“I find this to be incredibly significant.  Google essentially says that Relevance will no longer be defined as “what the user wants“, but as “what we think might change the user’s mind, so as to get them to want something other than what they specifically asked for“.  If the user types (for example) for [Reebok] and an Adidas ad appears because Google has allowed Adidas to keyword-target [Reebok] queries, then the user may indeed click (users do sometimes click on results that are not relevant.)  There will be cash flow.  But under no stretch of imagination would I call the Adidas ad Relevant to what the user actually asked for.”



As if our computers weren't good enough?


Now let’s hold up for a moment – Google is merely the example. It is the one to write about to get folks attention. In reality Microsoft has a ton of interest in behavioural targeting as does Yahoo! too ( and marketing firms around the globe). We could as easily profile them (as they have us) to show some areas of interest, if not concern.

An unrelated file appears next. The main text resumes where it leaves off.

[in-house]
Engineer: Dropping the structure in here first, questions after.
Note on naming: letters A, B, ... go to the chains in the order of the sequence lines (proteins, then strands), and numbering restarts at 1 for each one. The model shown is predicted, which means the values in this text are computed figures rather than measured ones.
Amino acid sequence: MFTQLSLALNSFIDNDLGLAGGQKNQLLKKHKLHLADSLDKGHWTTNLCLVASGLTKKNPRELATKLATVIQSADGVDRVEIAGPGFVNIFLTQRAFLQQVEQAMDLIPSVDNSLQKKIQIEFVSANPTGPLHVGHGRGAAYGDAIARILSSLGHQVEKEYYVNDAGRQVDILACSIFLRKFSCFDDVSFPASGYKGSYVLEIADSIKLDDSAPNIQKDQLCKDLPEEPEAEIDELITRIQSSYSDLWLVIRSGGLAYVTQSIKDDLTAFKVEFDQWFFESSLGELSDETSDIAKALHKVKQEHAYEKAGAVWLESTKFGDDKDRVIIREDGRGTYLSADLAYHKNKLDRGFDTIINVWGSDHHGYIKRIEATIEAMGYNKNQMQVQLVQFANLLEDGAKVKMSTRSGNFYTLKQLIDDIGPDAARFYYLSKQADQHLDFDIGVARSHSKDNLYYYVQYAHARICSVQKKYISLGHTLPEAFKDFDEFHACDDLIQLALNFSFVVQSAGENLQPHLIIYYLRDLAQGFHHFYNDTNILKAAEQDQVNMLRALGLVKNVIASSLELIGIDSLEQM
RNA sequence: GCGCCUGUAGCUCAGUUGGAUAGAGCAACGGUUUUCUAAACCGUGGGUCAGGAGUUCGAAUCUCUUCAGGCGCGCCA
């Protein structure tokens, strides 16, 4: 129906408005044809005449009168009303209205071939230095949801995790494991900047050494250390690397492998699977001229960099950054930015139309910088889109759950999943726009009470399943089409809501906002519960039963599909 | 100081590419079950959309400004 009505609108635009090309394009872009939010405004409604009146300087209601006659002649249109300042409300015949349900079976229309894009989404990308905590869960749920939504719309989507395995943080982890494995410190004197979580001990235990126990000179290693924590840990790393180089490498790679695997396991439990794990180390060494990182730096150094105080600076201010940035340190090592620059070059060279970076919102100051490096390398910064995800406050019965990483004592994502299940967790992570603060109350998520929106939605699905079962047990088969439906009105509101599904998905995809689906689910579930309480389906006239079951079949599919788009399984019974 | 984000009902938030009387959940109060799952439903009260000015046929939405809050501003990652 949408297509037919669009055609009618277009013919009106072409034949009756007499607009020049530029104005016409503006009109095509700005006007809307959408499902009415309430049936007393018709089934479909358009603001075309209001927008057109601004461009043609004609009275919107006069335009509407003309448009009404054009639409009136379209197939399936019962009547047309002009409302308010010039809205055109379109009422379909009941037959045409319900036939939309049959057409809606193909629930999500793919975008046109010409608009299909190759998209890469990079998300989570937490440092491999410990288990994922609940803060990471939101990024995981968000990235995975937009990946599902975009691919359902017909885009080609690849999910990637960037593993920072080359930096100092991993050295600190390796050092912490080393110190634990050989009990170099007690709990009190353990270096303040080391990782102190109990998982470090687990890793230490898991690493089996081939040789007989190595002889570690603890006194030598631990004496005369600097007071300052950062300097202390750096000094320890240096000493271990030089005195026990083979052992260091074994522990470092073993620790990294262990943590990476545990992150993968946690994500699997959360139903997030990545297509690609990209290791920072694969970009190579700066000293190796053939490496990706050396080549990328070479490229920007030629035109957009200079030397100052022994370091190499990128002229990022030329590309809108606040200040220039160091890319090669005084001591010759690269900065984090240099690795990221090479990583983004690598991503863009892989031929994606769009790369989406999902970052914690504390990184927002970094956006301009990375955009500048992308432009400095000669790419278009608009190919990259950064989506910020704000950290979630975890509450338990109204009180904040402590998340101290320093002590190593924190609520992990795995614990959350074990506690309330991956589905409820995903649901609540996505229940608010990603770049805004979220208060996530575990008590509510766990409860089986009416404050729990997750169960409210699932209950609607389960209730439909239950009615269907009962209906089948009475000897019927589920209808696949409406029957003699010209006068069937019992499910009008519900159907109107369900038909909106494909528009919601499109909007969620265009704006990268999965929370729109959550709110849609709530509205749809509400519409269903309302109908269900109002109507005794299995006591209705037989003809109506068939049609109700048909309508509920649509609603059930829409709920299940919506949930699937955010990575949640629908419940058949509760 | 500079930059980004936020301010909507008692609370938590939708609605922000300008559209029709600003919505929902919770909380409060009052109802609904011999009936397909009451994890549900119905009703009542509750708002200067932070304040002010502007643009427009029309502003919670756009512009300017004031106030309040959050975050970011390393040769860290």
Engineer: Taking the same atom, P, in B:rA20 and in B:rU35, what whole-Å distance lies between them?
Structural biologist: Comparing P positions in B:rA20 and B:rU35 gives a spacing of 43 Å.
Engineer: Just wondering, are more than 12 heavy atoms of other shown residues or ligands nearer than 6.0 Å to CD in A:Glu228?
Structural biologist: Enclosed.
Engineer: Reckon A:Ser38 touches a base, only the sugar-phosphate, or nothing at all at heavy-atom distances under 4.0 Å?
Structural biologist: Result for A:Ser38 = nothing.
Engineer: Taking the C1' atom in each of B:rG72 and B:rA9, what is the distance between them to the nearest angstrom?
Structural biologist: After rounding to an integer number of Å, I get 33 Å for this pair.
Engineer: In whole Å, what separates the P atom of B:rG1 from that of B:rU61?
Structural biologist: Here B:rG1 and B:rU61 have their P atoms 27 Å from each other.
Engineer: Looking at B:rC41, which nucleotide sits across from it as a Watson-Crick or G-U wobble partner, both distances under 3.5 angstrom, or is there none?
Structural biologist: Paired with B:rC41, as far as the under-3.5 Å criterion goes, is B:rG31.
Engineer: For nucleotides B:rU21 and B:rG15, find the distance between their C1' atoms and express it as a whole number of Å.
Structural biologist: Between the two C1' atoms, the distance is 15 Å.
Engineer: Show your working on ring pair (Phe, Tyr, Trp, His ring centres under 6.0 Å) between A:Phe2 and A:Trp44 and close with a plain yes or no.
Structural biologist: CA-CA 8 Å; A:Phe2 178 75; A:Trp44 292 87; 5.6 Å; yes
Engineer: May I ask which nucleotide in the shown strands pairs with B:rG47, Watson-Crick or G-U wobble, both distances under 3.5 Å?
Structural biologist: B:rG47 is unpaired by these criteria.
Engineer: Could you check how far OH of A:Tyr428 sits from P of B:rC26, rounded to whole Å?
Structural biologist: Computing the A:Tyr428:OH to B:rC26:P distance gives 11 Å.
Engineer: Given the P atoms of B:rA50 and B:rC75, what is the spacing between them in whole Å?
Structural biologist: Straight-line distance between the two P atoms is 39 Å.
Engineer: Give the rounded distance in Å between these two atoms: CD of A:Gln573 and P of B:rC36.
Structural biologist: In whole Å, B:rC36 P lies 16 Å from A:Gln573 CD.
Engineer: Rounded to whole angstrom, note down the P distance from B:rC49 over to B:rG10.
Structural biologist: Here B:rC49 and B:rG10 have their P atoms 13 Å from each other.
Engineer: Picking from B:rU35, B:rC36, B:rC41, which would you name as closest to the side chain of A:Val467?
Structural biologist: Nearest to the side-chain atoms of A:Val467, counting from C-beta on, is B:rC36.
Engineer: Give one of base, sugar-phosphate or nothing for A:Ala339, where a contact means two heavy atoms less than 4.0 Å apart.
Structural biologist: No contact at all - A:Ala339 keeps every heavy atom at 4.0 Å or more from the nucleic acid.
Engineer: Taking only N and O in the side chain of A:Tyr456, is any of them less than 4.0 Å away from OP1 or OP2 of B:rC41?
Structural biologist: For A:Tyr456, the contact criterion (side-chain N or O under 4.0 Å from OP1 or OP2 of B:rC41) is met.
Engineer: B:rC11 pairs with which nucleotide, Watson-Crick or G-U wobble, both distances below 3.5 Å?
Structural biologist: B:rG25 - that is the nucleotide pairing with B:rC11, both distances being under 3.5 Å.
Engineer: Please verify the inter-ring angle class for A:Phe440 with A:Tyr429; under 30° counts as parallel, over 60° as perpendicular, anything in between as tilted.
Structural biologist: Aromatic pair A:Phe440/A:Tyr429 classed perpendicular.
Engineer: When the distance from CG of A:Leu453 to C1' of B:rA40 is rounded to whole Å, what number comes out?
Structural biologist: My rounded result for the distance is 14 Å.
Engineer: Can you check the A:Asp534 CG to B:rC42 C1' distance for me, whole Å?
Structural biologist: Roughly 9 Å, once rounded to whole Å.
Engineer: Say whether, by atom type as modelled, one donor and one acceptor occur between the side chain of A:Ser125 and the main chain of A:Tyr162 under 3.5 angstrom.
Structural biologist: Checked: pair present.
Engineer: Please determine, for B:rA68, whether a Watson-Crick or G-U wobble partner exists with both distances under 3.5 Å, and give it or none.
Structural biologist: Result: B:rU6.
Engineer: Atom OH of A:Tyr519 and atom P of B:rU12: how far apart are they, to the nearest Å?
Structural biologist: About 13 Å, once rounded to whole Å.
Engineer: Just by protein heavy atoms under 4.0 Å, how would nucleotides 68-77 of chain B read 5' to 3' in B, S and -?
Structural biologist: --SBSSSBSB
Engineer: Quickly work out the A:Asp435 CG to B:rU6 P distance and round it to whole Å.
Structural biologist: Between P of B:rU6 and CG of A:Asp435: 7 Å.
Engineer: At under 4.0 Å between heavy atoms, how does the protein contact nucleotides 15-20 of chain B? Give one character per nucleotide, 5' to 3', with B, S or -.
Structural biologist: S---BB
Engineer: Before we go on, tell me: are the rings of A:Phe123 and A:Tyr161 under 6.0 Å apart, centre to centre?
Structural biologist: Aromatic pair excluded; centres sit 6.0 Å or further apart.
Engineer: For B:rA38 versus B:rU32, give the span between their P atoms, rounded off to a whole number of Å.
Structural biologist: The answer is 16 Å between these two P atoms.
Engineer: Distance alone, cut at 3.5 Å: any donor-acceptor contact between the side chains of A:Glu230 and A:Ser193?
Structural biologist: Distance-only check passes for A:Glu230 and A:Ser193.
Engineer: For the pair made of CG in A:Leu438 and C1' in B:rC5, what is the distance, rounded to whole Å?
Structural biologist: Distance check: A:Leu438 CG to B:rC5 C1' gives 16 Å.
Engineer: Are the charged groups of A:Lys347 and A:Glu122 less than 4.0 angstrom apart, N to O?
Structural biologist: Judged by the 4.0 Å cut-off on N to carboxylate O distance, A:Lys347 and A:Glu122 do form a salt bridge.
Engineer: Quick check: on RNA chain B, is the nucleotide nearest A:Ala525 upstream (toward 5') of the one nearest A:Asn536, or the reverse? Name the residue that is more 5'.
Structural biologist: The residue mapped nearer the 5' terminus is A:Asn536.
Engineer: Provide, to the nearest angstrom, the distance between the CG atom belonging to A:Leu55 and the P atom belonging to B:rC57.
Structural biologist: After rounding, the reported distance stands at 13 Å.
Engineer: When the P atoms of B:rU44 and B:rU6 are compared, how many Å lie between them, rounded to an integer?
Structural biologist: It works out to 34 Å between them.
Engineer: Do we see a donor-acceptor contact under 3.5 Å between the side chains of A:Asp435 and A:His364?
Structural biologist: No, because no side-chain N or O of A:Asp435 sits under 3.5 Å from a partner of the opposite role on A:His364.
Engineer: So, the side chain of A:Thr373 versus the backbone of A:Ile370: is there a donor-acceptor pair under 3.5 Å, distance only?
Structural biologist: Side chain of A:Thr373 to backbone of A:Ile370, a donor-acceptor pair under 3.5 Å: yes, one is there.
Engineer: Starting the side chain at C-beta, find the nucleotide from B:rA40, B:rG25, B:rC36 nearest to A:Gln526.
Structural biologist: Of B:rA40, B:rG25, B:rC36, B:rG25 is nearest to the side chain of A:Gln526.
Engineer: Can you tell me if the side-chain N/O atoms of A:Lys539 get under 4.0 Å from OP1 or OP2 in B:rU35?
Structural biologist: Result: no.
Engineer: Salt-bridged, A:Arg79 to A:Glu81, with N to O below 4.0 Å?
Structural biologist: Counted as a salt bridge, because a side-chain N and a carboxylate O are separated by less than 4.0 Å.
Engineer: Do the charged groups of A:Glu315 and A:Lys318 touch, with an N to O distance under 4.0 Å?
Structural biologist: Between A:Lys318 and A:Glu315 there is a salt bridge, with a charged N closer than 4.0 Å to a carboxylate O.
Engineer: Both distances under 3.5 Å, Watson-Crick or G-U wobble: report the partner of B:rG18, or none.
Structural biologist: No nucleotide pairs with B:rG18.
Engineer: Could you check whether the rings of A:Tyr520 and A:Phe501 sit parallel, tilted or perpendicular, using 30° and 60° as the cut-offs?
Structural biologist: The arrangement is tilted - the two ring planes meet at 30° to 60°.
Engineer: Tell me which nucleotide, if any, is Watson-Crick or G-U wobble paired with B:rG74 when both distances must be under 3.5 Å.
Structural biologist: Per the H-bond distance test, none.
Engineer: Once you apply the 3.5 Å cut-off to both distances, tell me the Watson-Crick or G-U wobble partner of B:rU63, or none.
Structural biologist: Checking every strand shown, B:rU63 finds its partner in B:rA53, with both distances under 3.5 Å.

What really drove me were other vertical systems they are also putting in place. Microsoft and Google are fighting it out for data collection and behavioural targeting from television set top boxes… (Google and MS have patents actually). Essentially they want to take the behavioural targeting to new aspects of our lives and soon we’ll be locked in from phone to computer to TV. Something we shall also look at soon….

For now watch Eric Schmidt in this video. The clip will start at the relevant stuff; 10:53 to 11:40 – He talks about set top box ad targeting.


Behavioural targeting is a small step away from behavioural modification


Where is the line? At what point does it begin have an adverse affect on our very evolution as people? Not sure, but it does eat at me sometimes… We haven’t even touched mobile (and geo) related avenues. I am often fascinated while at the same time often strangely concerned about what it all implies to our future (and my children after me).


How social do you want your search engine to be?


 

Comments  

 
0 # Mike Wilton 2009-09-28 15:42
Great post Dave. You've always been great at picking up on Google's behavioural and personalization habits and I always love to hear your insight as to how they could use this data.

I'm still torn on what I think about all of this. In a lot of ways I would love to see Google use all my data to server up the goods I really want, but I definitely see the potential to offer up the goods that Google thinks I should want.